Brockport Sociology

Three Sociology Honors Theses!

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We are thrilled to have three sociology majors writing honors theses this academic year! Each of these honors students worked with a faculty member in the Sociology Department to conduct research on a sociological topic and write an honors thesis. The students then presented their projects at Brockport’s Scholars’ Day. Here, we highlight each of these honors students and profile the great work they completed in their honors project.

“An Analysis of the ‘Black Lives Matter’ Movement in News Media” by Haley Huey (advised by Dr. Melody Boyd)

The media plays an important role in shaping our perceptions and treatment of others. It is therefore critical to analyze what the media is conveying to its audiences. Using content analysis, this work analyzes news articles written about the ‘Black Lives Matter’ movement within a one-year period, between November 1, 2014 and November 1, 2015. A random sample of articles from four news sources, (CNN, Washington Post, Al Jazeera, and The New York Times) was collected, for a total of 160 articles. Quantitative and qualitative content analysis was employed, in which the number of times various phrases and perspectives occurred in the news stories, as well as qualitative examples, were captured. The following two broad, interconnected questions were foundational to this project: (1) What do news articles written about the Black Lives Matter movement express to readership and the public? (2) What does news coverage convey about black lives, police brutality, and the social movement as a whole? Analysis of the overall dataset revealed four main themes in media framing of the Black Lives Matter movement: (1) racial inequality and inclusivity, (2) Policy and political activism as a source of change, (3) violence and the movement, and (4) discrediting the cause. Results include that news media tends to frame the Black Lives Matter movement as a socially diverse agent against police brutality that disproportionately impacts Black men. The movement is also framed as having ambiguous goals for social change, and promoting violence and political correctness.

“A Vicious Cycle of Abuse: The Relationship between Domestic Violence and Animal Cruelty” by Leah Staley (advised by Dr. Tristan Bridges)

This Honor’s thesis explores numerous studies on the social relationship between two forms of violence: domestic intimate partner violence and animal cruelty and abuse. It not only depicts that there is in fact a relationship between the two forms of violence but also shows how this topic can be viewed from multiple perspectives. This is a quantitative analysis of past research on this particular topic. It examines what constitutes animal cruelty and domestic violence, what causes people to treat other people and animals in this manner, who are more likely to perpetrators of abuse and also victims of domestic violence, and the different types of mistreatment among abuse animals and people experiencing intimate partner violence (IPV). In addition, this paper examines what kind of laws and services are in place in efforts to combat this issue. Finally, I present resources for those who wish to make a difference and report any cases of cruelty towards people and animals. It is almost certain that if humans hurt other humans, they are most likely harming animals. And if they are harming animals they are more likely to harm humans. Even though most of my research portrays men as more likely to harm other humans and animals, that doesn’t mean that women are not also among abusers. This topic requires further investigation including more variables and better data to get a more accurate depiction on the entire scope of the cycle of violence that not only impacts the victims of cruelty, but society as a whole.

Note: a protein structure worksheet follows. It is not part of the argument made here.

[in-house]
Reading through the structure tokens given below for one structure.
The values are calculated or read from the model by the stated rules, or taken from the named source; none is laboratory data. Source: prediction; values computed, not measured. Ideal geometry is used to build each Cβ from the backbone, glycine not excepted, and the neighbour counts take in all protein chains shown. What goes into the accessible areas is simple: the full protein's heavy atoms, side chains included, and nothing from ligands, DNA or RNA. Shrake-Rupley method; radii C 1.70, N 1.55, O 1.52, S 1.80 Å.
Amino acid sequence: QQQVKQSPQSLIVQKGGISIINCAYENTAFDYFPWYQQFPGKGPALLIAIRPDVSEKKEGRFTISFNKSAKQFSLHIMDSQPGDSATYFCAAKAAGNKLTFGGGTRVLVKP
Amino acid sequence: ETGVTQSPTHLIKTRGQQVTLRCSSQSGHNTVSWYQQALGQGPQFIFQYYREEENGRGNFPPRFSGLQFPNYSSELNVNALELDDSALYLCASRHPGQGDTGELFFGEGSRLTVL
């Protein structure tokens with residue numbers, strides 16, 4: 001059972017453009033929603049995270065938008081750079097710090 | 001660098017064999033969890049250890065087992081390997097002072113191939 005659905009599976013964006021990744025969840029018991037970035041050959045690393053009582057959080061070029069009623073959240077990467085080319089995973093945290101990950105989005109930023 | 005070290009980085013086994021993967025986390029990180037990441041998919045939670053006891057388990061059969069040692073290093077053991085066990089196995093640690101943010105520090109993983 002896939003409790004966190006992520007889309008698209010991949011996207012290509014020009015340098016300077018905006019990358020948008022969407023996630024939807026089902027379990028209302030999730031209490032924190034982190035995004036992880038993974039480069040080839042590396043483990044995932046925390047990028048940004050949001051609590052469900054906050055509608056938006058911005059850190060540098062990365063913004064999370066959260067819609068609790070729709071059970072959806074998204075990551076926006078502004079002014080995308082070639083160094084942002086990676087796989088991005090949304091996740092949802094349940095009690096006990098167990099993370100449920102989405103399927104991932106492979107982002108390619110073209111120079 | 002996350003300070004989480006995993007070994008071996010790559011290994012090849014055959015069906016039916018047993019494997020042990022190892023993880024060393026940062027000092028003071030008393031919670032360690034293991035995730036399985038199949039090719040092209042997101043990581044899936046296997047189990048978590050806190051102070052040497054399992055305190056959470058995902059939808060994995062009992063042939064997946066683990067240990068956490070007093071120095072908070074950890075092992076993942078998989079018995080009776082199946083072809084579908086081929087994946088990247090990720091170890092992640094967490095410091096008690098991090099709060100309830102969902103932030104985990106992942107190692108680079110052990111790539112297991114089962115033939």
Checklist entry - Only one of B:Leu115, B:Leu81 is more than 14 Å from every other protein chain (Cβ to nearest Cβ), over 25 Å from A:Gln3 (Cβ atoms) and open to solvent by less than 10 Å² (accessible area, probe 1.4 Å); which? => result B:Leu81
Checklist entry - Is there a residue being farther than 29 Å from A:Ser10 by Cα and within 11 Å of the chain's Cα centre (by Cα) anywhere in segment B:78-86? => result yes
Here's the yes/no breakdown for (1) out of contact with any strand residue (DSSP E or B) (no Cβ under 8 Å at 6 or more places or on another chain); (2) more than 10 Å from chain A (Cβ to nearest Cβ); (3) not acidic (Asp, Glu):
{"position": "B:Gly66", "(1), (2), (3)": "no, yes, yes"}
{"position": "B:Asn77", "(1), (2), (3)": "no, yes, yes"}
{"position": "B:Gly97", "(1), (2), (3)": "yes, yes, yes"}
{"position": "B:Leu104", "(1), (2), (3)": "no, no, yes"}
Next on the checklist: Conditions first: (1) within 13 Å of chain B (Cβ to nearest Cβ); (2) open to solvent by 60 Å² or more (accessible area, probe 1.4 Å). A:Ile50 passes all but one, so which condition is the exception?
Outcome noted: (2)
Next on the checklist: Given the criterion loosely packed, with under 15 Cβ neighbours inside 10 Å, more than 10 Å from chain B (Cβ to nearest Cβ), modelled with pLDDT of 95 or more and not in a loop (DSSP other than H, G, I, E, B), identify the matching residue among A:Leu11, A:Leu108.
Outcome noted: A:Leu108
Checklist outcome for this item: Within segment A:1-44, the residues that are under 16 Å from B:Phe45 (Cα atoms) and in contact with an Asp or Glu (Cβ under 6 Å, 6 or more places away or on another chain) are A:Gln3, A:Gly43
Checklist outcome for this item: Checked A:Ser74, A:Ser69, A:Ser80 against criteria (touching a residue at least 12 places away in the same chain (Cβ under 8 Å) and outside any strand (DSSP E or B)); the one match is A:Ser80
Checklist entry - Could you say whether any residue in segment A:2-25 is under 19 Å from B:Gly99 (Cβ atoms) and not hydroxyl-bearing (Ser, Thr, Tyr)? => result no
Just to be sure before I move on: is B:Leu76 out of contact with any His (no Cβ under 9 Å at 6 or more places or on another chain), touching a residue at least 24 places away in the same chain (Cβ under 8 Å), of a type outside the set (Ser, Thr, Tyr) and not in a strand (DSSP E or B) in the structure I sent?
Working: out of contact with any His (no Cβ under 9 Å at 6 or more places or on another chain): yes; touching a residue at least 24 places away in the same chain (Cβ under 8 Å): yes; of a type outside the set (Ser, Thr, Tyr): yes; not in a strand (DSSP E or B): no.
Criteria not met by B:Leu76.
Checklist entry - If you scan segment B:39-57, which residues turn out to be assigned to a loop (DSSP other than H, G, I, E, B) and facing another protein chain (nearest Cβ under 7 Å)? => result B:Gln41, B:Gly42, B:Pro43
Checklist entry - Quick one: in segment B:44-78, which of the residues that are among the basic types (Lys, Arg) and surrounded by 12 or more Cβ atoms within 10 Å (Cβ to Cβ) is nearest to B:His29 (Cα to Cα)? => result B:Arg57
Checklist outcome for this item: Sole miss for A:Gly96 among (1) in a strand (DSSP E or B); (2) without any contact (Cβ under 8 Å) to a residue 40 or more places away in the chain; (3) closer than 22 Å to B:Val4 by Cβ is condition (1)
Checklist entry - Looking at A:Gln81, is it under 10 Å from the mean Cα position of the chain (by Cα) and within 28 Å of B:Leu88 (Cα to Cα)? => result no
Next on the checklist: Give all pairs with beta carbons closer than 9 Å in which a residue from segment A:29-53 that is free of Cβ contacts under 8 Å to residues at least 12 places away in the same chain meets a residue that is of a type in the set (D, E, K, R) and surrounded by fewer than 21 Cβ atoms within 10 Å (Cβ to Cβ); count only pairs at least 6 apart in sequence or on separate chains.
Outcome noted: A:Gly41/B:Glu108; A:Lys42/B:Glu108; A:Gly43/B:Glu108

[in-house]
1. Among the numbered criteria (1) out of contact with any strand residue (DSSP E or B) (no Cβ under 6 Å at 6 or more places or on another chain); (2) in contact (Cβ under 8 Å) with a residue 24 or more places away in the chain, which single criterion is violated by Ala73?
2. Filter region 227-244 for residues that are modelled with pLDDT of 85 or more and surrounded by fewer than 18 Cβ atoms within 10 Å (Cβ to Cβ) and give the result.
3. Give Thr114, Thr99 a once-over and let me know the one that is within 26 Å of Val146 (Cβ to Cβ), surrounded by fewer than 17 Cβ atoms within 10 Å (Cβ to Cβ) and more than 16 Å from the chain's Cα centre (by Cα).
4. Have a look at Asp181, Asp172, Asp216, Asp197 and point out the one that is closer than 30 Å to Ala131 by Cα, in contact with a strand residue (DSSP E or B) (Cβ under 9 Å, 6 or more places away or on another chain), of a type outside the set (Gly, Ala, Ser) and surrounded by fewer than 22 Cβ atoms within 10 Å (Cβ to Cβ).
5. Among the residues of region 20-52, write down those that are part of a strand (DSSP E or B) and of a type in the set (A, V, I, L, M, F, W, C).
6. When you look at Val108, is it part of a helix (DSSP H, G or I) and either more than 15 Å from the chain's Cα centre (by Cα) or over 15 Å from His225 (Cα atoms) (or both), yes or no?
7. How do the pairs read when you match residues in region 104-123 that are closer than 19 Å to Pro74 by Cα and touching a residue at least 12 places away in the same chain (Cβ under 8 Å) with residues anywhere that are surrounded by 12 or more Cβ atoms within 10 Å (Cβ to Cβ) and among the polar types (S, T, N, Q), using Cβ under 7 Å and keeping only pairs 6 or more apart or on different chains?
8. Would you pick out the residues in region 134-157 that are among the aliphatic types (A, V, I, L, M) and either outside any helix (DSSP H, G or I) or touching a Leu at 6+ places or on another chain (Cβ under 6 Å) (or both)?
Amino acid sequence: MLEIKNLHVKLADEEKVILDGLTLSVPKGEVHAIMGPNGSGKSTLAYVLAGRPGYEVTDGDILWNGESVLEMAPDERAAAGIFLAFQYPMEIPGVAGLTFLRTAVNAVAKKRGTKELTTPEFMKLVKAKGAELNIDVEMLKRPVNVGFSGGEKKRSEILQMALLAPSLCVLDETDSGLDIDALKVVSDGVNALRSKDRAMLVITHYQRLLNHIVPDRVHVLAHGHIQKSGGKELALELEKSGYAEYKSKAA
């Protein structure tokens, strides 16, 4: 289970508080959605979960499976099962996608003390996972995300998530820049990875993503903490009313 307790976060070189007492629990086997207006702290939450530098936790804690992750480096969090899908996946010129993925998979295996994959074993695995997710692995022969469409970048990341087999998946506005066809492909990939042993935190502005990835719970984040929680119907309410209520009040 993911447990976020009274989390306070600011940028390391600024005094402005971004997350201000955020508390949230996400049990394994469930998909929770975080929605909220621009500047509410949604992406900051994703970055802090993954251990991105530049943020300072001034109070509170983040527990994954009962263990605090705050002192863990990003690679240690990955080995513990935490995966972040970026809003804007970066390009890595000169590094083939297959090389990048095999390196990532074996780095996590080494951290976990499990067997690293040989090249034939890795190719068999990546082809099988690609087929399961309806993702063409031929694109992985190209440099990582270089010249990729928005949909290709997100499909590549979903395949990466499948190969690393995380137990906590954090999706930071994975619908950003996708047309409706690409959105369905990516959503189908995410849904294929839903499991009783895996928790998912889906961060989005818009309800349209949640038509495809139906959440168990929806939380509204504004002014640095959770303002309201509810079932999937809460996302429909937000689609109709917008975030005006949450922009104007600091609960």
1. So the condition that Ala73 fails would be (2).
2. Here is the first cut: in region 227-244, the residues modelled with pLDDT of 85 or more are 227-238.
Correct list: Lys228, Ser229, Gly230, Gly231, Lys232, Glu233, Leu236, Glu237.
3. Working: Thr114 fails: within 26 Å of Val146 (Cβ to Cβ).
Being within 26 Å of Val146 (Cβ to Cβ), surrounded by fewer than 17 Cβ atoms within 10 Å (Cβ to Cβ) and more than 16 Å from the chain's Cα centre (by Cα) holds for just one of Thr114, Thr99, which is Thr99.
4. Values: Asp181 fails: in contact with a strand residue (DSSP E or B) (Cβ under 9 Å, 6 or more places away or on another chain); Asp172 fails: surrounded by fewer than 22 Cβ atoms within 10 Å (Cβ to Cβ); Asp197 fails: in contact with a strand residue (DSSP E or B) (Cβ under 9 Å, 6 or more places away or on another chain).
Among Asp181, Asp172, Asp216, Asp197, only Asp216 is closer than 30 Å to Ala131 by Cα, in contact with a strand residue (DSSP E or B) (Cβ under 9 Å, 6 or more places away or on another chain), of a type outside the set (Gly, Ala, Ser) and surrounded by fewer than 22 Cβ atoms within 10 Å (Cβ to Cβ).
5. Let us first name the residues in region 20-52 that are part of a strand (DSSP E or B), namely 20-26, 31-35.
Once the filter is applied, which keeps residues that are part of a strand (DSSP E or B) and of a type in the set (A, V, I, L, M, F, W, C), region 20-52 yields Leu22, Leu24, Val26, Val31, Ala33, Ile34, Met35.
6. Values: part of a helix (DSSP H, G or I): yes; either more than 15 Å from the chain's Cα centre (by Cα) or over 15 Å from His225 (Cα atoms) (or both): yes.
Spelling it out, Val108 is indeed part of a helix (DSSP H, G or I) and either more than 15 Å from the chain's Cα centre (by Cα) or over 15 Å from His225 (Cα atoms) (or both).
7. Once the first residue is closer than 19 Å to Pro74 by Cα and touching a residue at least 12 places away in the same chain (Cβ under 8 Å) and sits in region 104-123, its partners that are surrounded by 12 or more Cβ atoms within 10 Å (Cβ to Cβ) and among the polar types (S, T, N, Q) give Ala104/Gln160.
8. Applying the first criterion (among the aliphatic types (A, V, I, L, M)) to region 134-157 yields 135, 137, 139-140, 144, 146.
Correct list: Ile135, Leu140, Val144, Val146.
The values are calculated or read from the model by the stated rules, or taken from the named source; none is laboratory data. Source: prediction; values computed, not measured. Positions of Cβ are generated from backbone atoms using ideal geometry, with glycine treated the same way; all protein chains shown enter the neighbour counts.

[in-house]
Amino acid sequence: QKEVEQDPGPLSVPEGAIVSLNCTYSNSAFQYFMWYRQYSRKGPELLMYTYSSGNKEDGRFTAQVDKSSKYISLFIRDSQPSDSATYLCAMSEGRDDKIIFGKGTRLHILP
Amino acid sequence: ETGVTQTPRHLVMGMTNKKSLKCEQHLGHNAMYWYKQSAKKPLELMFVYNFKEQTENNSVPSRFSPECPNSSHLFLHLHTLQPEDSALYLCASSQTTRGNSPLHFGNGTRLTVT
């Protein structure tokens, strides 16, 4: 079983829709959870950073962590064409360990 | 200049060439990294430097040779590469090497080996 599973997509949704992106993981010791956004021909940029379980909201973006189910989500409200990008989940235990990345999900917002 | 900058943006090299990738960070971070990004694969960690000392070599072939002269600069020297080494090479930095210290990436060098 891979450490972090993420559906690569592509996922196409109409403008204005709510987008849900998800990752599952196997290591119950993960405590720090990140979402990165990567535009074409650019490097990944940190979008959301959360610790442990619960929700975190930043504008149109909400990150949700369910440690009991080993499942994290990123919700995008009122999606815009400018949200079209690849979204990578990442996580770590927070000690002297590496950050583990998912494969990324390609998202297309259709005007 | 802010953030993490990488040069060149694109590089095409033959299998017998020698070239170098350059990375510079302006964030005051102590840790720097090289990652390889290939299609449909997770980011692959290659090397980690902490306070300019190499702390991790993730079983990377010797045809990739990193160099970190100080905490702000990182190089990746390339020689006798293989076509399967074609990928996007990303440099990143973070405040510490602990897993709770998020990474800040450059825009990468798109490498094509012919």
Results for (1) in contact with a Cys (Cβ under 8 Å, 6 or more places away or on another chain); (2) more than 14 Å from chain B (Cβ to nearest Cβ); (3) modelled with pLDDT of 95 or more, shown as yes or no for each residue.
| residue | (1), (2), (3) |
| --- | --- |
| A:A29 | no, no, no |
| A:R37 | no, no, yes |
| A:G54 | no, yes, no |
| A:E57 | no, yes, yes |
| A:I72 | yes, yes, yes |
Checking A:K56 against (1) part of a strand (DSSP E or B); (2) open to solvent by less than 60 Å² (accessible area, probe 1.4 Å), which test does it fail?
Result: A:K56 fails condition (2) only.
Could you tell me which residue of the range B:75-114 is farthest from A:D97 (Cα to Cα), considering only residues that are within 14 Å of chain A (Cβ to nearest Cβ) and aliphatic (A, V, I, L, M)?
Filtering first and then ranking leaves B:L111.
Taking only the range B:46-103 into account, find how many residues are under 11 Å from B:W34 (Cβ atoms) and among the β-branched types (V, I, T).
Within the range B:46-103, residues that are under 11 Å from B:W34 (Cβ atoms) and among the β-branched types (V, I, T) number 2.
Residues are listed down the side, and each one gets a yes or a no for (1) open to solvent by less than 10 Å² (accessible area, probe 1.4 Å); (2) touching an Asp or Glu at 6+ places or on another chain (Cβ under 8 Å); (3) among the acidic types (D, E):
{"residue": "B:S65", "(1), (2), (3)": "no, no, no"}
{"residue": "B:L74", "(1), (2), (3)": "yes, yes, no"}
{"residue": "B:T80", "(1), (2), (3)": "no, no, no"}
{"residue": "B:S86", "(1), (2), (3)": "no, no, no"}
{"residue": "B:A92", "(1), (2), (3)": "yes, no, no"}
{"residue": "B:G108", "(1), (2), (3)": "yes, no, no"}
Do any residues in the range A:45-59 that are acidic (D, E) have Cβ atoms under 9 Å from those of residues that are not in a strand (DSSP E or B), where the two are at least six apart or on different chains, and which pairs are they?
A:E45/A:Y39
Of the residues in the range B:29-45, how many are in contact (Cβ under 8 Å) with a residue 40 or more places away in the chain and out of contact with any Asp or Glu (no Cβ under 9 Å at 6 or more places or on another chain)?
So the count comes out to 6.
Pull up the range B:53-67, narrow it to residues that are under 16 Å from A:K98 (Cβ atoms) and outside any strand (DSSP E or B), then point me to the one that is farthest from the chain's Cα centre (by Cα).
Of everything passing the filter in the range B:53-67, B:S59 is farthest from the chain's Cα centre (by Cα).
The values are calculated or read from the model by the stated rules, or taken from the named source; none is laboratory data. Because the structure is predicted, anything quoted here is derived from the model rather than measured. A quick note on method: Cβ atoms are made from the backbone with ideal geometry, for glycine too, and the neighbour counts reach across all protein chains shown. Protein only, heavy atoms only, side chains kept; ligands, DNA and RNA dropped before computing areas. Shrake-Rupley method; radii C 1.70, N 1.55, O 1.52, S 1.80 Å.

“Mass Media and Mass Shootings: The Discrepancies between Workplace and School Shootings” by Nicole Wheeler (advised by Dr. Tara Tober)

Workplace shootings have received very little coverage both in the media and in research. Prior studies have shown that workplace shootings are their own unique entity. Yet, most of the research focuses on mass shootings in schools, or mass shootings in general with little emphasis on workplace violence as a specific form, if any at all. This study compares workplace shootings to school shootings and denotes the similarities and differences between the two both in general and the way they are covered by national news sources like The New York Times, Los Angeles Times, Washington Post, and Chicago Tribune. It covers shootings between 1966 and 2015, and includes 42 workplace shootings and 50 school shootings. Some of the most interesting findings in my research included a higher suicide rate for workplace shooters, higher number of fatalities in workplace shootings, higher number of injuries to victims in school shootings, and the overuse of positive adjectives to describe school shooters by the media when compared with workplace shooters. My findings have led me to believe that the workplace shootings in my dataset were unique in a number of ways compared to the school shootings. Future research should keep this in mind and conduct a more in-depth analysis of this particular type of shooting.

In describing her experience working on the honors project, Nicole Wheeler stated: “Conducting this research has been one of the most rewarding experiences I’ve had to date. Through the experience, I was able to get to know my professors and thesis director better. It was a rewarding challenge to take on a senior honors thesis, but well worth the time and energy!” We agree with that sentiment and we congratulate all three students on their hard work and insightful research!

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